- how did the outage impact Rogers’ own staff and their ability to determine the cause of the outage and restore services;
- what contingencies, if any, did Rogers have in place to ensure that its staff could communicate with each other particularly in the early hours of the outage;
- how does Rogers plan to improve its internal communications in light of this event;
- what information was used to confirm the 9 July message that services had been restored and networks and systems were close to fully operational, and indicate whether this information was accurate and reliable;
- provide a list, including timeline, medium and messaging of all communications efforts undertaken by Rogers to advise its customers of this service outage;
- how does Rogers plan to improve its communications to its customers and the general public in light of this event;
- actions taken by Rogers during this service interruption to mitigate the impact on Canadian institutions, infrastructure and customers, including in relation to emergency services;
- extent to which Rogers sought or received assistance from other TSPs in addressing the outage or situation arising from the service interruption;
- describe what more Rogers could have done to secure assistance from other TSPs to help address the outage;
- whether any service level agreements (SLAs) were breached between specific vendors and Rogers in relation to this outage; and,
- whether Rogers breached any SLAs between itself and its customers (e.g. Interac, others) in relation to this outage.
Impact on Emergency Services
Provide a complete and detailed report on the impact on emergency services of the outage that began on 8 July 2022, including but not limited to:
- specific impact on emergency services including wireless public alerting and 9-1-1 and details of when access to emergency services was fully restored;
- whether the outage specifically impacted the 9-1-1 networks or only the originating networks, and if the former, how was this possible in light of resiliency and redundancy obligations imposed by the Commission;
- whether the outage impacted broadcasting services and by extension the ability to issue public alerts via Rogers’ broadcasting operations;
- when and how were the operator of the National Alert Aggregation and Dissemination NAAD system, alert issuers and users notified that alerts could not be received on devices connected to the Rogers Network;
- whether customers were advised on how they could get alerts for their area during the outage;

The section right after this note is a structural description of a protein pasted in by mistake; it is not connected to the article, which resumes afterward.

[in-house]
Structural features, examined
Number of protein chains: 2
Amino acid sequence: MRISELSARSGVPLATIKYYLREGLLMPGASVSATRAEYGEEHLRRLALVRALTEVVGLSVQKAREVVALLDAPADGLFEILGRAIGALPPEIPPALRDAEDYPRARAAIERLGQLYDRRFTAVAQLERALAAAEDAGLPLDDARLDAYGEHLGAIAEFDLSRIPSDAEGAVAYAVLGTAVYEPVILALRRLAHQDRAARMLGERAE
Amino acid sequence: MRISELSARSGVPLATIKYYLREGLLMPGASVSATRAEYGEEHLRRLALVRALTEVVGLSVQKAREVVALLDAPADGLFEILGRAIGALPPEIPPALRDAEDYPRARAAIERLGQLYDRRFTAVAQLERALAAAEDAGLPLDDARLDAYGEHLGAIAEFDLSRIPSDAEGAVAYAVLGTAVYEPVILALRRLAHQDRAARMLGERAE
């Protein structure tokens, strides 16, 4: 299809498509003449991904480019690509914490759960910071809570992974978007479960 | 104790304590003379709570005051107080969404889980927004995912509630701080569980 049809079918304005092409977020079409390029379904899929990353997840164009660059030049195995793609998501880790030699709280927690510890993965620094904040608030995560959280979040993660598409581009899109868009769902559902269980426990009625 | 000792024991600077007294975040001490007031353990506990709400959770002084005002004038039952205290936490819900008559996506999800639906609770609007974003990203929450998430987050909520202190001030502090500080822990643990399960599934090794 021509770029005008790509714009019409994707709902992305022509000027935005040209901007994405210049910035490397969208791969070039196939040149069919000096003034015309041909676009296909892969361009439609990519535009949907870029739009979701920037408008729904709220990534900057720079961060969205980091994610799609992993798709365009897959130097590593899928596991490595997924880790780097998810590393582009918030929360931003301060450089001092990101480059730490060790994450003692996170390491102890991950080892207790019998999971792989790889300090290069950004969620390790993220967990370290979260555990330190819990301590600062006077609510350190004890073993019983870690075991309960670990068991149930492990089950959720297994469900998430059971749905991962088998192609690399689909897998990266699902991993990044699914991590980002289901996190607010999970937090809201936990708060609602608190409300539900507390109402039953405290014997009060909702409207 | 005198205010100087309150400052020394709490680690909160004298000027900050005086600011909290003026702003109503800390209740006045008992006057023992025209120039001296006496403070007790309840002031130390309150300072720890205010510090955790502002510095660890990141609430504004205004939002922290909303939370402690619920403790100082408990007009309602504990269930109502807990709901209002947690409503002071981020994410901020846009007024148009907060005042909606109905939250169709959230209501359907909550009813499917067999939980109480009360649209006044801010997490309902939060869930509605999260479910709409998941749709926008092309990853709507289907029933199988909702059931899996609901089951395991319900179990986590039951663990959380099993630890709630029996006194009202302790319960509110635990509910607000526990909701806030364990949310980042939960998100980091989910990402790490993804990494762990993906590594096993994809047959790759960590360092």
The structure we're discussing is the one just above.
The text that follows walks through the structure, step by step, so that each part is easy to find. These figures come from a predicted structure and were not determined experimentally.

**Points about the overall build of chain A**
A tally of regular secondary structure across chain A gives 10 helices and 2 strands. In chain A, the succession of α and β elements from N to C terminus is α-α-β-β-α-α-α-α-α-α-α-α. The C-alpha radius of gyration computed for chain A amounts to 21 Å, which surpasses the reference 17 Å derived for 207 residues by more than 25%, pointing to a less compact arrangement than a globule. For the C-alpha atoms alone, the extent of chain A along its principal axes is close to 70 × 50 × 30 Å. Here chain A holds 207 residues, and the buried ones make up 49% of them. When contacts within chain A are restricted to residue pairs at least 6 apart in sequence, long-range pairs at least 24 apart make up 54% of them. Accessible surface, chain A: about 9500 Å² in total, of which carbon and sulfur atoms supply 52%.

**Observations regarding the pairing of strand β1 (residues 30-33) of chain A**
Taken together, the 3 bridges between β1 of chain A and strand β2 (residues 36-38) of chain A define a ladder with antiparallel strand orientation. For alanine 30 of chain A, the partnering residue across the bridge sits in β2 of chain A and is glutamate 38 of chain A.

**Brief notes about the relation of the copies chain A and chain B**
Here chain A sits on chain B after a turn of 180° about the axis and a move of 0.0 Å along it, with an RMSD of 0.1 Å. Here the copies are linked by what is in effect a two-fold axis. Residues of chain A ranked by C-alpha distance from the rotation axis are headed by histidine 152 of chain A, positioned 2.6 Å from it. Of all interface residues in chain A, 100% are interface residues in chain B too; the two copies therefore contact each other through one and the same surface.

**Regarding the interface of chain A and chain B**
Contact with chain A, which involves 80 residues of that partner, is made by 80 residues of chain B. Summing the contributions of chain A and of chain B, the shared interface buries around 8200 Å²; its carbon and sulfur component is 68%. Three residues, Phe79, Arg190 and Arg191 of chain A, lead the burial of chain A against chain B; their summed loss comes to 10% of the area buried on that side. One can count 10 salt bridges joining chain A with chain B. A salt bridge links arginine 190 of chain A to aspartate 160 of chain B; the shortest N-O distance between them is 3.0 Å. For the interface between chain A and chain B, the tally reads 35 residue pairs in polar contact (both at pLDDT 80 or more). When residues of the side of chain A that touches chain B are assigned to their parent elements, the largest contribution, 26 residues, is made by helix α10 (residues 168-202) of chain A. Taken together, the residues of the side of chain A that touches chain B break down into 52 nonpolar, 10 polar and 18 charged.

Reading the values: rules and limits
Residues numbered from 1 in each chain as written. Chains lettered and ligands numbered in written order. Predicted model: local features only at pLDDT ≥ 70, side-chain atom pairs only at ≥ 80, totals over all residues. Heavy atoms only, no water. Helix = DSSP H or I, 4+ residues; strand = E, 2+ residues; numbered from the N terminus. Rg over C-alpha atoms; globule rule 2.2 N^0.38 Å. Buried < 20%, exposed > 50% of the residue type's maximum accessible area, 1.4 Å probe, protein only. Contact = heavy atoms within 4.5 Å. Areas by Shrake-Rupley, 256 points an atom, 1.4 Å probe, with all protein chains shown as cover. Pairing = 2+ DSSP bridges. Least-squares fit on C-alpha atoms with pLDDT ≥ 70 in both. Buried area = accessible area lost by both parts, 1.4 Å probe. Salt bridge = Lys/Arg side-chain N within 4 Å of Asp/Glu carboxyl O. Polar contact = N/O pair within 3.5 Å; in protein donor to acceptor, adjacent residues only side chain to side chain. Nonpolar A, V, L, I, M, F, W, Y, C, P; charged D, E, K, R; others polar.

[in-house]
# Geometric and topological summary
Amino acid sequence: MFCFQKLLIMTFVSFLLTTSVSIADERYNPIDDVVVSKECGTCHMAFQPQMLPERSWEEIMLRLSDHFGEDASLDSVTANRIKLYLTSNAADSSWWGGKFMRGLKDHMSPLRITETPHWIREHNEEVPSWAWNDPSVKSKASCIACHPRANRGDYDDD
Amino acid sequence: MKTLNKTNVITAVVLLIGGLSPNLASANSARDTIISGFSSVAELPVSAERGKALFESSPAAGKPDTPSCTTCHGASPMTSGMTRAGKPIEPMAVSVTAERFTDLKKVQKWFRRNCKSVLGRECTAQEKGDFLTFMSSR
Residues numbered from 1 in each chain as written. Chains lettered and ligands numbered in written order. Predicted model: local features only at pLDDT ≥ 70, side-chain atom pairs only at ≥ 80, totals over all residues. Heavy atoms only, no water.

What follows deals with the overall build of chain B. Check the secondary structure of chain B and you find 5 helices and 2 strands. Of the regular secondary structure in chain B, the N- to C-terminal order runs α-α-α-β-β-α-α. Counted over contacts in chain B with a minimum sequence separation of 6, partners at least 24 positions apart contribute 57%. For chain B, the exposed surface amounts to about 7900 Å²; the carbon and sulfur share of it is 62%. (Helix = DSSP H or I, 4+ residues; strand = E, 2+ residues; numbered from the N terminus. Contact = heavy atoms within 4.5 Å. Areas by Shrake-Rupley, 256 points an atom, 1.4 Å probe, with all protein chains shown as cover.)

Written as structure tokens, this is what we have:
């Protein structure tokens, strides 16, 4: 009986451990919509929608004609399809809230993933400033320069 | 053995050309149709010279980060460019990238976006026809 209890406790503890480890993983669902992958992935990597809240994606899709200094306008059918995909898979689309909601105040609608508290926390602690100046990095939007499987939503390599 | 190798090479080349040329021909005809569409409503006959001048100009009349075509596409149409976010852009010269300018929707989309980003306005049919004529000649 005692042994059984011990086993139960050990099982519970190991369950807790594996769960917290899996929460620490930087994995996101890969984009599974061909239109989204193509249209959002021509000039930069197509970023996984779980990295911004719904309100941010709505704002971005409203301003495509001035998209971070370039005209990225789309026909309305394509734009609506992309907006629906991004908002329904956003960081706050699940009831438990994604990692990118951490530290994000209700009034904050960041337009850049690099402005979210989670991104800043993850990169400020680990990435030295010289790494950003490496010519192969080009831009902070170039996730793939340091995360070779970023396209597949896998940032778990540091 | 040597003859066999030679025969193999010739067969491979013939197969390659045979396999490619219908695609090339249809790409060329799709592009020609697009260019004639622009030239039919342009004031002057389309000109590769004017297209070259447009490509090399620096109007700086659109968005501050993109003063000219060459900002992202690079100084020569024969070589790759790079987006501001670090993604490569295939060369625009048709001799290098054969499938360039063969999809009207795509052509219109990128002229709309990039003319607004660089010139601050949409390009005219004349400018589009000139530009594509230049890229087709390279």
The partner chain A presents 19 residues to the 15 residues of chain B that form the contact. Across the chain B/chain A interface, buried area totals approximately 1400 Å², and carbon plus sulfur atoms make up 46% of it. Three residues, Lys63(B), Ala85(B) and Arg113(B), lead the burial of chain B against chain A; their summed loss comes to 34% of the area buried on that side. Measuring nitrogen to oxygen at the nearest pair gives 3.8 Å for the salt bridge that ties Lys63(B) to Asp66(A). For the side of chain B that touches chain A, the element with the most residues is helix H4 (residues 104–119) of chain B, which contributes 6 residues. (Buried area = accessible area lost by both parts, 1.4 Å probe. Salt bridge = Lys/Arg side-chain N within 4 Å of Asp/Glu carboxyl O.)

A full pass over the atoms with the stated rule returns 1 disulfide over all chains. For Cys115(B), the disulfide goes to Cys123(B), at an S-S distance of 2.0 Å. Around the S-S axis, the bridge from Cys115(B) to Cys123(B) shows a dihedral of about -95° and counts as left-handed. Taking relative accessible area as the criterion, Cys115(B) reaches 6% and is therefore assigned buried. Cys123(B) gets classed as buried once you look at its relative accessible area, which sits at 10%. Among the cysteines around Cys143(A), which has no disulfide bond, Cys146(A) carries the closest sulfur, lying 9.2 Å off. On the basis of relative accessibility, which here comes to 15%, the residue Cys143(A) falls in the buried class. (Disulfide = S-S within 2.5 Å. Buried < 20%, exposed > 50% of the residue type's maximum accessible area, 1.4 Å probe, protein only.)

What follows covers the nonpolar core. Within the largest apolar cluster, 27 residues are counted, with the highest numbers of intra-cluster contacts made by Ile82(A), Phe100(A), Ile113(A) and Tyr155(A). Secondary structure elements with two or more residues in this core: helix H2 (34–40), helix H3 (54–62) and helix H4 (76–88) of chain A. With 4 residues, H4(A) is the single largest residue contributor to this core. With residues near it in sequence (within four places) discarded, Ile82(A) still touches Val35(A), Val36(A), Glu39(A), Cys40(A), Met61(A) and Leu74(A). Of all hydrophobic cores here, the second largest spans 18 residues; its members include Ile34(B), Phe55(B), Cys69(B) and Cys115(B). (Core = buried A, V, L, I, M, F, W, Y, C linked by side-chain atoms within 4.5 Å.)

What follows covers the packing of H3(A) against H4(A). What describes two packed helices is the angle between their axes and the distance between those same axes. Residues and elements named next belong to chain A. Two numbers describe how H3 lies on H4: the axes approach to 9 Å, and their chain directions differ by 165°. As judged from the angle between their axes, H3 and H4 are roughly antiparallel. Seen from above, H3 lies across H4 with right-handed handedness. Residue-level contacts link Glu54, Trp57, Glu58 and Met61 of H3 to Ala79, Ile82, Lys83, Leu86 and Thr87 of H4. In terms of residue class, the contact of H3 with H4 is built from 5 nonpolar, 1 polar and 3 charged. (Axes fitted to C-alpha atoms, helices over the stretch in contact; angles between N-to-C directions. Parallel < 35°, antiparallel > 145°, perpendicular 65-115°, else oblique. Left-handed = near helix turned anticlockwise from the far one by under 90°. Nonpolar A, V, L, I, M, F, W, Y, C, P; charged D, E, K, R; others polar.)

- how were the Emergency alerts processed during the outage and were devices connected to Rogers’ network able to receive alerts from other providers during the outage;
- what measures could be put in place to maintain emergency alerting capabilities during a Rogers’ network outage;
- how Rogers prioritized the restoration of alerting capabilities on its network;
- number of 9-1-1 calls made that could not be completed as a result of the service interruption, broken down by province and platform;
- number of public alerts sent that did not reach Rogers’ customers, broken down by province;
- how were 9-1-1 calls processed during the outage and whether they were able to be processed by other wireless networks within the same coverage area;
- whether other measures could have been taken to re-establish 9-1-1 services sooner;
- what alternatives are available to Rogers’ customers to access 9-1-1 services during such outages;
- details of communications related to access to emergency services over the course of the outage and whether more could have been done to explain how customers could reach 9-1-1;
- details of communications to Public Safety Answering Points (PSAPs) and 9-1-1 governing authorities during the outage;
- Rogers’ plan to enhance communications to its customers, 9-1-1 network providers, emergency management officials, PSAPs, 9-1-1 governing authorities and first responders in relation to access to 9-1-1 during a network outage;
- extent to which the network outage affected Next Generation 9-1-1 (NG 9-1-1) networks or was in any way related to Canada’s transition to NG9-1-1; and,
- extent to which Rogers sought or received assistance from other TSPs in addressing the impact on emergency services arising from the service interruption.
Provide a list of all service outages that affected the Rogers network since 1 January 2019, which lasted four or more hours and affected 100,000 subscribers or more at the peak. For each, indicate:
- the relevant timelines;
- the services impacted;
- the cause of the outage:
- the number of customers affected, broken out by province and by TSP (Rogers affiliates, wholesale customers and others) and by type of customers (residential, small business, all other businesses/enterprises);
- impact on federal, provincial, territorial and municipal government services;
- the extent to which any critical infrastructure sectors (e.g. financial, health, transportation, energy, etc.) were affected;
- the specific impact on emergency services including public alerting and 9-1-1;
- what safeguards were put in place, after each outage, to prevent future outages of that nature;
- the compensation provided to customers, distinguishing between residential and business customers;
- whether any service level agreements (SLAs) were breached between specific vendors and Rogers in relation to this outage or what caused this outage; and,
- whether Rogers breached any SLAs between itself and its customers in relation to this outage.
For each identified past outage, provide a copy of any post mortem report, including lessons learned and subsequent action plan.
Compensation for Customers
In a message from Tony Staffieri, President and CEO of Rogers, posted on the Rogers website as of 8 July 2022, Mr. Staffieri made the commitment to “make this right” for customers by proactively applying a credit to all customers impacted by the outage.
- Provide the details of how Rogers is planning to honor this commitment, focusing in particular on residential and small business customers but also including other parties impacted (e.g. wholesale customers and their end-customers, etc.).
- Explain how Rogers determined that this level of compensation is appropriate.
- Is a distinction being made between residential customers and small business customers when determining compensation?